The book is in full color and it has some of the nicest looking and most instructive graphics I've ever seen even for things that I understand, such as Central Limit Theorem. It makes sense the the best graphics would be in the book written by the guy who wrote a book on how to do visualizations mathematically. The book is also interesting if you are doing any sort of UI interfaces, because UI interfaces are definitely just a subset of graphical visualizations.

# Scala for Machine Learning

https://www.amazon.com/Scala-Machine-Learning-Patrick-Nicola...

This book almost never gets mentioned but it's a superb intro to machine learning if you dig types, scalable back-ends or JVM.

It’s the only ML book that I’ve seen that contains the word monad so if you sometimes get a hankering for some monading (esp. in the context of ML pipelines), look no further.

Discusses setup of actual large scale ML pipelines using modern concurrency primitives such as actors using the Akka framework.

# Hands-On Machine Learning with Scikit-Learn and TensorFlow: Concepts, Tools, and Techniques for Building Intelligent Systems

https://www.amazon.com/Hands-Machine-Learning-Scikit-Learn-T...

Not released yet but I've been reading the drafts and it's a nice intro to machine learning using modern ML frameworks, TensorFlow and Scikit-Learn.

# Basic Category Theory for Computer Scientists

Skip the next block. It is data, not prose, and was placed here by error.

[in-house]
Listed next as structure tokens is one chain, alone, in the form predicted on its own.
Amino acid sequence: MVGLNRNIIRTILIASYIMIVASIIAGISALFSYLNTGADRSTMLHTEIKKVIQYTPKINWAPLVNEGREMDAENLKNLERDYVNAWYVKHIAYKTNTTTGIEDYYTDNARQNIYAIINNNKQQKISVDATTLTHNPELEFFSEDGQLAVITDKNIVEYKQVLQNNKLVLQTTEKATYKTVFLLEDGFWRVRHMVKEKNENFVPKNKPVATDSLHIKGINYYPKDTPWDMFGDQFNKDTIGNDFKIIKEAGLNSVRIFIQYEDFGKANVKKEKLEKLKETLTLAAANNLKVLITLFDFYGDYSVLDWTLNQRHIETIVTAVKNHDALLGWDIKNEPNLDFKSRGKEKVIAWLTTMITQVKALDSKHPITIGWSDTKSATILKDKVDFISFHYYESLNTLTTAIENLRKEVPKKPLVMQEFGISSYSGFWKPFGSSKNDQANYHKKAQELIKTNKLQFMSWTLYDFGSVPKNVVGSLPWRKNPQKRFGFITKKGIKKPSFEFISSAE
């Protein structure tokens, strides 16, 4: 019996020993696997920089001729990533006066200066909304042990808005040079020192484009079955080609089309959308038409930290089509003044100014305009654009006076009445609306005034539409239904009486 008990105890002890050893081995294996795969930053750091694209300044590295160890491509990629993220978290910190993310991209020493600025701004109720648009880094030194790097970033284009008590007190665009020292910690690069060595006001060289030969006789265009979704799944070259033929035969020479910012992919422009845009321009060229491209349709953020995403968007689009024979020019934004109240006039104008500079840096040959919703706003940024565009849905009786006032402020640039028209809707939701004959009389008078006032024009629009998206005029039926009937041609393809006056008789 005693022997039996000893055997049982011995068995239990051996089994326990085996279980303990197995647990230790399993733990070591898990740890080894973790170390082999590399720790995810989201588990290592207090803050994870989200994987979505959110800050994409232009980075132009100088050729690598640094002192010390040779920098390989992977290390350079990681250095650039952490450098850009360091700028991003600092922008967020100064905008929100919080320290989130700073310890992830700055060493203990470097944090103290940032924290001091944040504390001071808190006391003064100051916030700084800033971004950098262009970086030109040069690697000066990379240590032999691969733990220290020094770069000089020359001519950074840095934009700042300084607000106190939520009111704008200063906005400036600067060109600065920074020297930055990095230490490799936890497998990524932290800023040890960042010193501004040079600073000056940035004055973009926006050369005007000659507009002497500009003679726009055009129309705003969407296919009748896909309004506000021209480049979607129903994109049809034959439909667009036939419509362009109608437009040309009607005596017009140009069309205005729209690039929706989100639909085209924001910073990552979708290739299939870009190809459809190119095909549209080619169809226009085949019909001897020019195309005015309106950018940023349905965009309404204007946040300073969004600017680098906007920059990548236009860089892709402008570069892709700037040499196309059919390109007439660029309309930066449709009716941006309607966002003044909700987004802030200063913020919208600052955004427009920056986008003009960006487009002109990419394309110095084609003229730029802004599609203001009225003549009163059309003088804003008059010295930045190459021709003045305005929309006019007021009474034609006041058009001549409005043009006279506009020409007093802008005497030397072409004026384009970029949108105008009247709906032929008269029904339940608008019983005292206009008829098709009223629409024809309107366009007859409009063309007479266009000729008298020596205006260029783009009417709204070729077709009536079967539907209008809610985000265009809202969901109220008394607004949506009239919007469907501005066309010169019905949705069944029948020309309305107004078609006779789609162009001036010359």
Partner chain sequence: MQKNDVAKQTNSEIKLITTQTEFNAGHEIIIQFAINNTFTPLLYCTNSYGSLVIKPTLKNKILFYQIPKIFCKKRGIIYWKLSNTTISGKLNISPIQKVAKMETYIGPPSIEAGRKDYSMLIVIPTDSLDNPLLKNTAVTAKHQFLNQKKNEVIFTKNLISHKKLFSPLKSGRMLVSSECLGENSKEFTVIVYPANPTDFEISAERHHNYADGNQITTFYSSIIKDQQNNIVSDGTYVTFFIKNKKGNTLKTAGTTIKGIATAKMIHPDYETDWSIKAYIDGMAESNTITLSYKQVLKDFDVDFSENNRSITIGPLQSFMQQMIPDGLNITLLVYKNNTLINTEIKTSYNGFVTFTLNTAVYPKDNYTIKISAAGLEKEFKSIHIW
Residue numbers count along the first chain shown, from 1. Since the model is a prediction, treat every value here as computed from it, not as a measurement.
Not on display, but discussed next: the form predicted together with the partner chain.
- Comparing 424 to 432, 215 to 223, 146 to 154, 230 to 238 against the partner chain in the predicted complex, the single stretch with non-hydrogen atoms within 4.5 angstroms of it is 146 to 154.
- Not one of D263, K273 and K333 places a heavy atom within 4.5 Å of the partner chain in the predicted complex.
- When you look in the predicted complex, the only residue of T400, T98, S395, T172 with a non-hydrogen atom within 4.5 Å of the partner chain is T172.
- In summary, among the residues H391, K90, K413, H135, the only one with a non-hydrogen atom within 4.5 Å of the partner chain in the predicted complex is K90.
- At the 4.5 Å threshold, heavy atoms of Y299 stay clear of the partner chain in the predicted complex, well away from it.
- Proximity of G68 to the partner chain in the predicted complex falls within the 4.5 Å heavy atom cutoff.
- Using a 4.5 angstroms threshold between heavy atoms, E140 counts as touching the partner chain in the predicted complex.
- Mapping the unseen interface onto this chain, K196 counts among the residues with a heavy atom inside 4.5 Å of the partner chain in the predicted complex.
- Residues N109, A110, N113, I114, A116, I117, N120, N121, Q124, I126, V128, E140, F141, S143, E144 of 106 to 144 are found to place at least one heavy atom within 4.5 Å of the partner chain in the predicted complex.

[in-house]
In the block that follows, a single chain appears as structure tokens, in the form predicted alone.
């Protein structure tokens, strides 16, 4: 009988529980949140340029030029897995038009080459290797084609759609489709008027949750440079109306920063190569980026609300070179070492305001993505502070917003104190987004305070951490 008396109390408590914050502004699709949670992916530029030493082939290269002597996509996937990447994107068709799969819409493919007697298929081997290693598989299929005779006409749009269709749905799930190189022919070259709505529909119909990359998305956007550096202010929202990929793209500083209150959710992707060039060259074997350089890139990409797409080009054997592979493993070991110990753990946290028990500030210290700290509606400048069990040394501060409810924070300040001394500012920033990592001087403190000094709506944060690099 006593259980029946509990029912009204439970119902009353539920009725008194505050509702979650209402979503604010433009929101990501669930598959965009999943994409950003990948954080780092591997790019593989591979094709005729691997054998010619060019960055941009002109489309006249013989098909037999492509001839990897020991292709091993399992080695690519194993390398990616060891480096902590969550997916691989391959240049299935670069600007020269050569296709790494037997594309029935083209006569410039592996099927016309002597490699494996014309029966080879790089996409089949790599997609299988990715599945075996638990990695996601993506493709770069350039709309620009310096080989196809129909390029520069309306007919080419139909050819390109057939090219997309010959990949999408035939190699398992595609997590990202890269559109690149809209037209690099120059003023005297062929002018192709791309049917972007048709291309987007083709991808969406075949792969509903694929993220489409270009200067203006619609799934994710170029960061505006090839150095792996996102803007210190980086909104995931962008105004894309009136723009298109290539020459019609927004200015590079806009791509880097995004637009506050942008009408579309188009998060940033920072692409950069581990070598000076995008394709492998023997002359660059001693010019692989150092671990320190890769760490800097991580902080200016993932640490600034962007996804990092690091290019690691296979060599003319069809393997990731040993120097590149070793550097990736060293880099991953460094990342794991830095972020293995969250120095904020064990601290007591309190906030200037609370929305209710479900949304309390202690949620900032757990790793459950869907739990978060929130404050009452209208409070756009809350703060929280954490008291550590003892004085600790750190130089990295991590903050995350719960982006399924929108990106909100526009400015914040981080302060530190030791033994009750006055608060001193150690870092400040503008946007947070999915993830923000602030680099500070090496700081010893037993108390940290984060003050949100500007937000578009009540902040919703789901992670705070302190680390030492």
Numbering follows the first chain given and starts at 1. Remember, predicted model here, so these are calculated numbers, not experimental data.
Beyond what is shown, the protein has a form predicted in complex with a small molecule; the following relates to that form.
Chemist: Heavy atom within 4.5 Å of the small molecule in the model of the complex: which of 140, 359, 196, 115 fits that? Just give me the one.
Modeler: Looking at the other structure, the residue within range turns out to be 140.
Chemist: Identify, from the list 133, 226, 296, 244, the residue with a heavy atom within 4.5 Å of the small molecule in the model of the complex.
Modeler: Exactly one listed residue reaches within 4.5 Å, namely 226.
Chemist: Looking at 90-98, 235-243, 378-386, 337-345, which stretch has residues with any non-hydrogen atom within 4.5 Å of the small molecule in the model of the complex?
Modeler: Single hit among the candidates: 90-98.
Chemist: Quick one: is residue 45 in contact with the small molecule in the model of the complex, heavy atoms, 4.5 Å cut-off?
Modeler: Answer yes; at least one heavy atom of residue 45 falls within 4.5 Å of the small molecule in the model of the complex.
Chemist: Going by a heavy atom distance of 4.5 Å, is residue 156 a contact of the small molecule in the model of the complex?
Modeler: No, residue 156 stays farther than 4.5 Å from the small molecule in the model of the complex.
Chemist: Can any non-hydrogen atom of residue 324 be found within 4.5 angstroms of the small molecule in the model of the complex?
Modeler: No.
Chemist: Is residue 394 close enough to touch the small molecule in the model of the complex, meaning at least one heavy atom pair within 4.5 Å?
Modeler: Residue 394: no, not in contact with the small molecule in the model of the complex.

https://www.amazon.com/Markov-Logic-Interface-Artificial-Int...

Have you ever wondered what's the relationship between machine learning and logic? If so look no further.

# Machine Learning: A Probabilistic Perspective (Adaptive Computation and Machine Learning series)

https://www.amazon.com/Designing-Scalability-Erlang-OTP-Faul...

Even though this is an Erlang book (I don't really know Erlang), 1/3 of the book is devoted to designing scalable and robust distributed systems in a general setting which I found the book worth it on it's own.

# Practical Foundations for Programming Languages

https://www.amazon.com/First-Course-Network-Theory/dp/019872...

Up until recently I didn't know the difference between graphs and networks. But look at me now, I still don't but at least I have a book on it.

and Hadley Wickham wrote about it in http://vita.had.co.nz/papers/layered-grammar.pdf.

I'm no expert, but I think that one of the main ideas is to separate the elements of making a plot from the way that the data is presented. For example, in ggplot2, you have the data that will go into the graph, the type of plot (or "geometry") that defines how the data are presented (scatterplot, bar plot, etc.), and then various "layers" that can be added that affect style.

In order to split a plot into subplots, you simply define how it is to be faceted (what column should be used to define groups). Grammar-of-graphics moves plotting away from the "turtle graphics" model and lets you specify what

shouldbe done. Then ggplot figures out how to do it, kind of like SQL vs. writing for loops to retrieve information.